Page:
Retain Female Talent: Addressing Turnover Troubles in Tech

Employee turnover has become a pressing issue for technology companies seeking to increase diversity and retain female talent. Studies show that women in tech roles have turnover rates that are around twice as high as those of their male counterparts in some companies. These turnover rates undermine the progress made in cultivating inclusive cultures and nurturing diverse talent pipelines. Companies have to take decisive action to be inclusive employers, understand why women are leaving tech roles and implement solutions to retain them. Doing so will bolster the bottom line and help innovative businesses to fully tap into the entire talent pool.  

Causes of High Turnover Among Women in Tech


Lack of belonging and inclusion

Many women in tech report feeling isolated, and without a strong sense of belonging, women are more likely to leave a company. “I think a company’s position on equality comes from the top—both the attitudes of senior leaders and proper representation” explains Sophie Collins, Chief Marketing Officer at MPB, “Everyone needs to see themselves represented and feel there is a clear path for their careers”. Women need allies and advocates in the workplace to feel they have a place and a path forward, and businesses need to foster inclusion at all levels, so women feel welcomed and valued.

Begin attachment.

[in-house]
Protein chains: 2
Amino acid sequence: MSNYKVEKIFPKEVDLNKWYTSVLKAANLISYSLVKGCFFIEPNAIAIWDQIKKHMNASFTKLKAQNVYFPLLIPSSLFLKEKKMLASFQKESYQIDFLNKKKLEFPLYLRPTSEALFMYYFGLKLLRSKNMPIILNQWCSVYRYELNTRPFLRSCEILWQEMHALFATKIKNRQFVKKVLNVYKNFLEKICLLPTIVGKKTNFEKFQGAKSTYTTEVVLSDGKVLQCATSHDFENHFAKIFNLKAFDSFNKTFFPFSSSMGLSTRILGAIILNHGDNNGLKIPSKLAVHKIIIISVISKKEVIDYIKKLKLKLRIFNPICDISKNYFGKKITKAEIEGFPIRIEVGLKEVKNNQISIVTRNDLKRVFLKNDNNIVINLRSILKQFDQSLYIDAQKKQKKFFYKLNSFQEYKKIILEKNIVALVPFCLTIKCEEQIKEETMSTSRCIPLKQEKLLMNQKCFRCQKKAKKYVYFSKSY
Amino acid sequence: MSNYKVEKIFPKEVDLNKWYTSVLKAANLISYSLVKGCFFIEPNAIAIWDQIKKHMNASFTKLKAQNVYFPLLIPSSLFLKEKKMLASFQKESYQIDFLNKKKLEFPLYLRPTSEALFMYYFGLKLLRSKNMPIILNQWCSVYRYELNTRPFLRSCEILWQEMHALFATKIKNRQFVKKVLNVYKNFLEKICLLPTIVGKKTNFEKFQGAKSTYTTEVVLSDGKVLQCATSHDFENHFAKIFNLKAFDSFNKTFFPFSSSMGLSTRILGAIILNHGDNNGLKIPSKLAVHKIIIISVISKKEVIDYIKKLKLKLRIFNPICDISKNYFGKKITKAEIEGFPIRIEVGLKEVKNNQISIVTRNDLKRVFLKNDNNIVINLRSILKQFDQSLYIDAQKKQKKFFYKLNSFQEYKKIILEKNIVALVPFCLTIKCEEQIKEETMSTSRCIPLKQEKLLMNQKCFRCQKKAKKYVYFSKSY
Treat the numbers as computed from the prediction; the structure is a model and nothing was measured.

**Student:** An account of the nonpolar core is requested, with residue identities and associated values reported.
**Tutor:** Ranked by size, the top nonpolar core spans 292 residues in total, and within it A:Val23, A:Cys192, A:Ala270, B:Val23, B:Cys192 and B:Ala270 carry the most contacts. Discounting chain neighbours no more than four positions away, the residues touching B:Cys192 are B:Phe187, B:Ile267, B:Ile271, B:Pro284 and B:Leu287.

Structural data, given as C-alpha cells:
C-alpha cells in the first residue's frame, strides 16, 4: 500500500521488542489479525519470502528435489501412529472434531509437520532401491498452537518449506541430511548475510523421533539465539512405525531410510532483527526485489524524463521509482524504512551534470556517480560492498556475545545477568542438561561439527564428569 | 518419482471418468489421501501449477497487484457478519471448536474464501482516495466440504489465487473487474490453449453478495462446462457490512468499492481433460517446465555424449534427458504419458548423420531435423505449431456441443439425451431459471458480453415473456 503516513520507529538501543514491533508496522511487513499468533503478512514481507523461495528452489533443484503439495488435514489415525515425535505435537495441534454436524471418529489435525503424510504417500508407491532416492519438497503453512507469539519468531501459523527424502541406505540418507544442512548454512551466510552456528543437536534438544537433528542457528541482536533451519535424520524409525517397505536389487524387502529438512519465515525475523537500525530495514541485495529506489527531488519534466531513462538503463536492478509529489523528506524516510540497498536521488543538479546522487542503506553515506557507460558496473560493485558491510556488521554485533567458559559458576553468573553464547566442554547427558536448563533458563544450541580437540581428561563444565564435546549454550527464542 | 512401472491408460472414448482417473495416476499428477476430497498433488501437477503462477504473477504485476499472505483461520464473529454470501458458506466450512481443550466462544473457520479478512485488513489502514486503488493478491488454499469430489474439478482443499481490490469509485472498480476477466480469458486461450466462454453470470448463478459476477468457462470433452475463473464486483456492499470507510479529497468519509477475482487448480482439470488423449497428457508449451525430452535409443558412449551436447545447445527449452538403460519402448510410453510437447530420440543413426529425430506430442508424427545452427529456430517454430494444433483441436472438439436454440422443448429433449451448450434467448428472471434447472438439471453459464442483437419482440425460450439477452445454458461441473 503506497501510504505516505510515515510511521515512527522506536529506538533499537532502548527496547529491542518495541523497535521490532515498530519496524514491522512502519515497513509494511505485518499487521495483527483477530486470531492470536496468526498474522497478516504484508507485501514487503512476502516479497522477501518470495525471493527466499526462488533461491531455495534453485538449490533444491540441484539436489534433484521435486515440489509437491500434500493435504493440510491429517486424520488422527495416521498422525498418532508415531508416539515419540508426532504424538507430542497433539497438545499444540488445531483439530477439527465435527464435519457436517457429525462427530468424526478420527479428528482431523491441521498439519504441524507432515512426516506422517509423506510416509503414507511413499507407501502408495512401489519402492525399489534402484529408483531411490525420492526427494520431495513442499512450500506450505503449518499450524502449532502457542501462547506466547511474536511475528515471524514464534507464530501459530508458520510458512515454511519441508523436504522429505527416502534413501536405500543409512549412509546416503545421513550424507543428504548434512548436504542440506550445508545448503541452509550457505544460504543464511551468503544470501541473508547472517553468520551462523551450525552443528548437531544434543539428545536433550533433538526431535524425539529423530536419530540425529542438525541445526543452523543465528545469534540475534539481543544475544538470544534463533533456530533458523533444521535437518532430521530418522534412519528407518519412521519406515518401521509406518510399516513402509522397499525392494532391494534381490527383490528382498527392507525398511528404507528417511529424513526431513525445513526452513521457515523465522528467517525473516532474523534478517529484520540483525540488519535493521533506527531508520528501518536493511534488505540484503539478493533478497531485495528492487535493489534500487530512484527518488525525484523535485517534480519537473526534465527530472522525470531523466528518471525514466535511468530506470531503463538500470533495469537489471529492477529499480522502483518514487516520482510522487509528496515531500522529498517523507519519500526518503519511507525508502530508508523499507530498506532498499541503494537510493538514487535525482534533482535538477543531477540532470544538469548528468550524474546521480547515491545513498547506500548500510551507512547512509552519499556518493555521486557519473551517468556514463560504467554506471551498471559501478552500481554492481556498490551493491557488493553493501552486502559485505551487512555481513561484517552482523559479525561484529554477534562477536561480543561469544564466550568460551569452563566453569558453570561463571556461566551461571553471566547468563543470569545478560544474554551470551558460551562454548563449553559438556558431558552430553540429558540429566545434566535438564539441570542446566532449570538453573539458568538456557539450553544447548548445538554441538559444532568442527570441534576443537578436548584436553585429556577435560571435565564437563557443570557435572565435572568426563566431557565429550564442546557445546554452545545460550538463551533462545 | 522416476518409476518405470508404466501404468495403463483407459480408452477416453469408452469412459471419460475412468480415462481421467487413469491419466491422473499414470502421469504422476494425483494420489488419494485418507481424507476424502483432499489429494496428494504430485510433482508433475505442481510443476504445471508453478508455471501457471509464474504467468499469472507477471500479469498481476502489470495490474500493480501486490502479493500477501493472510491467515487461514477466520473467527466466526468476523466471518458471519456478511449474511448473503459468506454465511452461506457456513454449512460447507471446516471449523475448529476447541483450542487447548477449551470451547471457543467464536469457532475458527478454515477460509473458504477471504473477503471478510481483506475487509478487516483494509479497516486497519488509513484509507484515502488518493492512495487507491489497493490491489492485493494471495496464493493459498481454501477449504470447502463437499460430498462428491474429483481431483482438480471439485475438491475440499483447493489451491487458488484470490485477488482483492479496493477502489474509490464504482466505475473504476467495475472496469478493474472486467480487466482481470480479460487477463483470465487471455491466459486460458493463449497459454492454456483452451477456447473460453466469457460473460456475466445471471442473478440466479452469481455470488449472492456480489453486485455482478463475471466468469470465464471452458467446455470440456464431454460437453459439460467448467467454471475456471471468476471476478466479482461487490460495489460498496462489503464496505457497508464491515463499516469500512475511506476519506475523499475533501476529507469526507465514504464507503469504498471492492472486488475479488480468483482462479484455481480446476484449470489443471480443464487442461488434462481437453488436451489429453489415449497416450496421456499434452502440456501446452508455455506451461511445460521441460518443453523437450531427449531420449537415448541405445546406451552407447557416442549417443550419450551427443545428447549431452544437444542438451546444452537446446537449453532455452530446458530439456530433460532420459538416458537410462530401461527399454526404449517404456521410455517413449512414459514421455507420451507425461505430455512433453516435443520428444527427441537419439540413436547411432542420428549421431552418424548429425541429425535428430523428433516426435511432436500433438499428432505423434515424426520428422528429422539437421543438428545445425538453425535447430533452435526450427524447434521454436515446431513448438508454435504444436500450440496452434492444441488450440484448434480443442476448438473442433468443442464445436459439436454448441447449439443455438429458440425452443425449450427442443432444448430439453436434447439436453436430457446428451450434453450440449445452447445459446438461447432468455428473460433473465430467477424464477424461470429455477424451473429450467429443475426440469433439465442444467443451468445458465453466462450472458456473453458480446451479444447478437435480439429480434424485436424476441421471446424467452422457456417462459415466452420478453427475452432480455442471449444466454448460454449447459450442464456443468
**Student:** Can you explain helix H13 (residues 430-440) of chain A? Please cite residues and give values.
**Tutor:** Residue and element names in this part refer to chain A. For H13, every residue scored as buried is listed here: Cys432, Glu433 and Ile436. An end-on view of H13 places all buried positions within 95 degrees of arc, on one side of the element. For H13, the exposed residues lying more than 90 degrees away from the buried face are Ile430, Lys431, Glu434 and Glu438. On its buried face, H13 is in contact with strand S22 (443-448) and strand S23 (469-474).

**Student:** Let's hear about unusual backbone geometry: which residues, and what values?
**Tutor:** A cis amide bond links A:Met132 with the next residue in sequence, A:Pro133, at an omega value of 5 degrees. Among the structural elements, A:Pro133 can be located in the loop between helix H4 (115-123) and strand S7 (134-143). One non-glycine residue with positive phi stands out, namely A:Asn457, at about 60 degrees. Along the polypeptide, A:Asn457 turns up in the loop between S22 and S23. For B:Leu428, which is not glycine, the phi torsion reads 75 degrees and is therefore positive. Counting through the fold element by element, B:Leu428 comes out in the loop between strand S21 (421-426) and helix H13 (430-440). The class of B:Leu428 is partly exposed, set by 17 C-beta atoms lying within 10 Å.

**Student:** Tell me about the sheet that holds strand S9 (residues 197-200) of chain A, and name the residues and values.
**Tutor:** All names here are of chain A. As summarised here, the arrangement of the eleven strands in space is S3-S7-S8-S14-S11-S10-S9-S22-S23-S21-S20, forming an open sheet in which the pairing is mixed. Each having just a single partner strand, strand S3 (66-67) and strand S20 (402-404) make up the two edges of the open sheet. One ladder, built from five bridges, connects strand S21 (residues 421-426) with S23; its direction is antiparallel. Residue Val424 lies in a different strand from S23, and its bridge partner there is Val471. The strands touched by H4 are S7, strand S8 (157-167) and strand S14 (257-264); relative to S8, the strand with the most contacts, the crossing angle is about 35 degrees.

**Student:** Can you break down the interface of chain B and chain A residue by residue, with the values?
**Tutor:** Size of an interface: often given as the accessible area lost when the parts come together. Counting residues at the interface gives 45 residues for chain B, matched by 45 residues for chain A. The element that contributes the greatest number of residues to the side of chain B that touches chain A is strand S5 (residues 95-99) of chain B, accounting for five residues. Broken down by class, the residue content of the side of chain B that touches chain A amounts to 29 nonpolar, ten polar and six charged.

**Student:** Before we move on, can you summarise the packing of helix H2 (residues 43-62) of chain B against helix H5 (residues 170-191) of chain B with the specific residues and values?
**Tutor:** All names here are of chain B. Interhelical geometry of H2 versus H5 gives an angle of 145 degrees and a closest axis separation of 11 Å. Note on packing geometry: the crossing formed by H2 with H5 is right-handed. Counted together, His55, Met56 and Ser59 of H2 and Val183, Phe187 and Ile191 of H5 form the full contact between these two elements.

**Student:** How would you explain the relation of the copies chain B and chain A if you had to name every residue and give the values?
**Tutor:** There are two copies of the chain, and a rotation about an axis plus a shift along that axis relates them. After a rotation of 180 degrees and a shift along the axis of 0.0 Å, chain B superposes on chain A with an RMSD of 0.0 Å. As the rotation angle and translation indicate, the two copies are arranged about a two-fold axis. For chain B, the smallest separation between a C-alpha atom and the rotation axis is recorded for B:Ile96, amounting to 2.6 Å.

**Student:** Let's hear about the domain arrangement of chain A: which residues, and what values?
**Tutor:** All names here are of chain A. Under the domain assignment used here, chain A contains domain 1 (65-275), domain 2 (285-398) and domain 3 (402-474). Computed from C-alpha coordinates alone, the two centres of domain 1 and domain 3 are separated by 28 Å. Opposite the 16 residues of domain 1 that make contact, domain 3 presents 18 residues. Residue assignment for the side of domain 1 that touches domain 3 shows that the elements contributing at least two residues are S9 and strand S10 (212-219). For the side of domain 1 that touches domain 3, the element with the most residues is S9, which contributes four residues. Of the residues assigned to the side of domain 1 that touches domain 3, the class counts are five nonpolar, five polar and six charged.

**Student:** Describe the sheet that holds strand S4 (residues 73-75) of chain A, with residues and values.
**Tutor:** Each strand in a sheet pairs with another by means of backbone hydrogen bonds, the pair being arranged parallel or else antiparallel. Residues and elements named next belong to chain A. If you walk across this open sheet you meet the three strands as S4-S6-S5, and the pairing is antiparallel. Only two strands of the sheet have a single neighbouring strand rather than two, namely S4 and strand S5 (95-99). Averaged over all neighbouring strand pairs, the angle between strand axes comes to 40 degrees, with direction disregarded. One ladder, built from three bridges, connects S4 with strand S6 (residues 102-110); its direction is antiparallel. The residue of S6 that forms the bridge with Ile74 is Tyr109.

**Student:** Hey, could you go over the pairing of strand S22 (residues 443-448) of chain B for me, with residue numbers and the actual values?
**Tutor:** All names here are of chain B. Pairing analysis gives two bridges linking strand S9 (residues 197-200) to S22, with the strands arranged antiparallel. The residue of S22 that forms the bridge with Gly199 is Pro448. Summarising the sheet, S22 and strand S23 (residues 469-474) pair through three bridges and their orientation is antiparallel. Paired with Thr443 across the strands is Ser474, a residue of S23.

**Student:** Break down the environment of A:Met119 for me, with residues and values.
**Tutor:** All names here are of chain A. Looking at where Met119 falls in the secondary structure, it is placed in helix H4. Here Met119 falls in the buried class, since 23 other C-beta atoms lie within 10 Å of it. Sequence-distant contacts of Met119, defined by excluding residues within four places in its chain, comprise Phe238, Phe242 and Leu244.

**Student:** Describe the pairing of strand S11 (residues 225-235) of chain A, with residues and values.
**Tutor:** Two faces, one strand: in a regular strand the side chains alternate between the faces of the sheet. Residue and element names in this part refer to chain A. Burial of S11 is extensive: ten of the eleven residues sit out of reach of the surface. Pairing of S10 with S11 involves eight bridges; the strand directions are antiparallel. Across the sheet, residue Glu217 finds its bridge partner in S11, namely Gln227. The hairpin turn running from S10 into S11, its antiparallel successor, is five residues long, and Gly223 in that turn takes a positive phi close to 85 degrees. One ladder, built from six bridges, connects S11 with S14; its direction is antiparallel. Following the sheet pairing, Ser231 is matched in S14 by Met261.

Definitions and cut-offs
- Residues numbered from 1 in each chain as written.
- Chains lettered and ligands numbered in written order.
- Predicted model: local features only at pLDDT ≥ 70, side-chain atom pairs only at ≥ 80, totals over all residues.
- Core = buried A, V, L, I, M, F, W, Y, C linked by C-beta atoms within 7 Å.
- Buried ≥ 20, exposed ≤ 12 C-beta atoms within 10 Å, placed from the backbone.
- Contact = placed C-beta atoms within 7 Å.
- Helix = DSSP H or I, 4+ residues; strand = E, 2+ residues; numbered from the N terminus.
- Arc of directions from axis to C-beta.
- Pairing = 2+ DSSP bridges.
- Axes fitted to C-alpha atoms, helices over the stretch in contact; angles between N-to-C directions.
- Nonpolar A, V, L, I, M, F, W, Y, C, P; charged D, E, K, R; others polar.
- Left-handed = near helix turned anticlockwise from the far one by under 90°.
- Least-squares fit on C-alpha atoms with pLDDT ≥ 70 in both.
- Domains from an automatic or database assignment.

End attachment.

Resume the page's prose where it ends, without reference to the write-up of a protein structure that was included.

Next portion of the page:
Unconscious gender bias

Studies show both men and women hold unconscious biases that favour male candidates in hiring and promotions. When female developers and tech professionals feel that they’re held to higher standards or their contributions are overlooked, turnover risks increase. Mandating diverse hiring processes and using structured interviews helps, but long-term change requires acknowledging and addressing biases through continuous training. This ensures all talent gets evaluated equitably.

Exposure to harassment and discrimination

Harassment and discrimination remain far too common for women in the workplace, especially in the tech industry. When companies tolerate or ignore these problems, they will lose talent. Leaders must implement clear policies, safe reporting mechanisms and accountability at all levels. Showing zero tolerance for harassment while prioritising psychological safety helps retain women in tech roles.

Lack of colleague support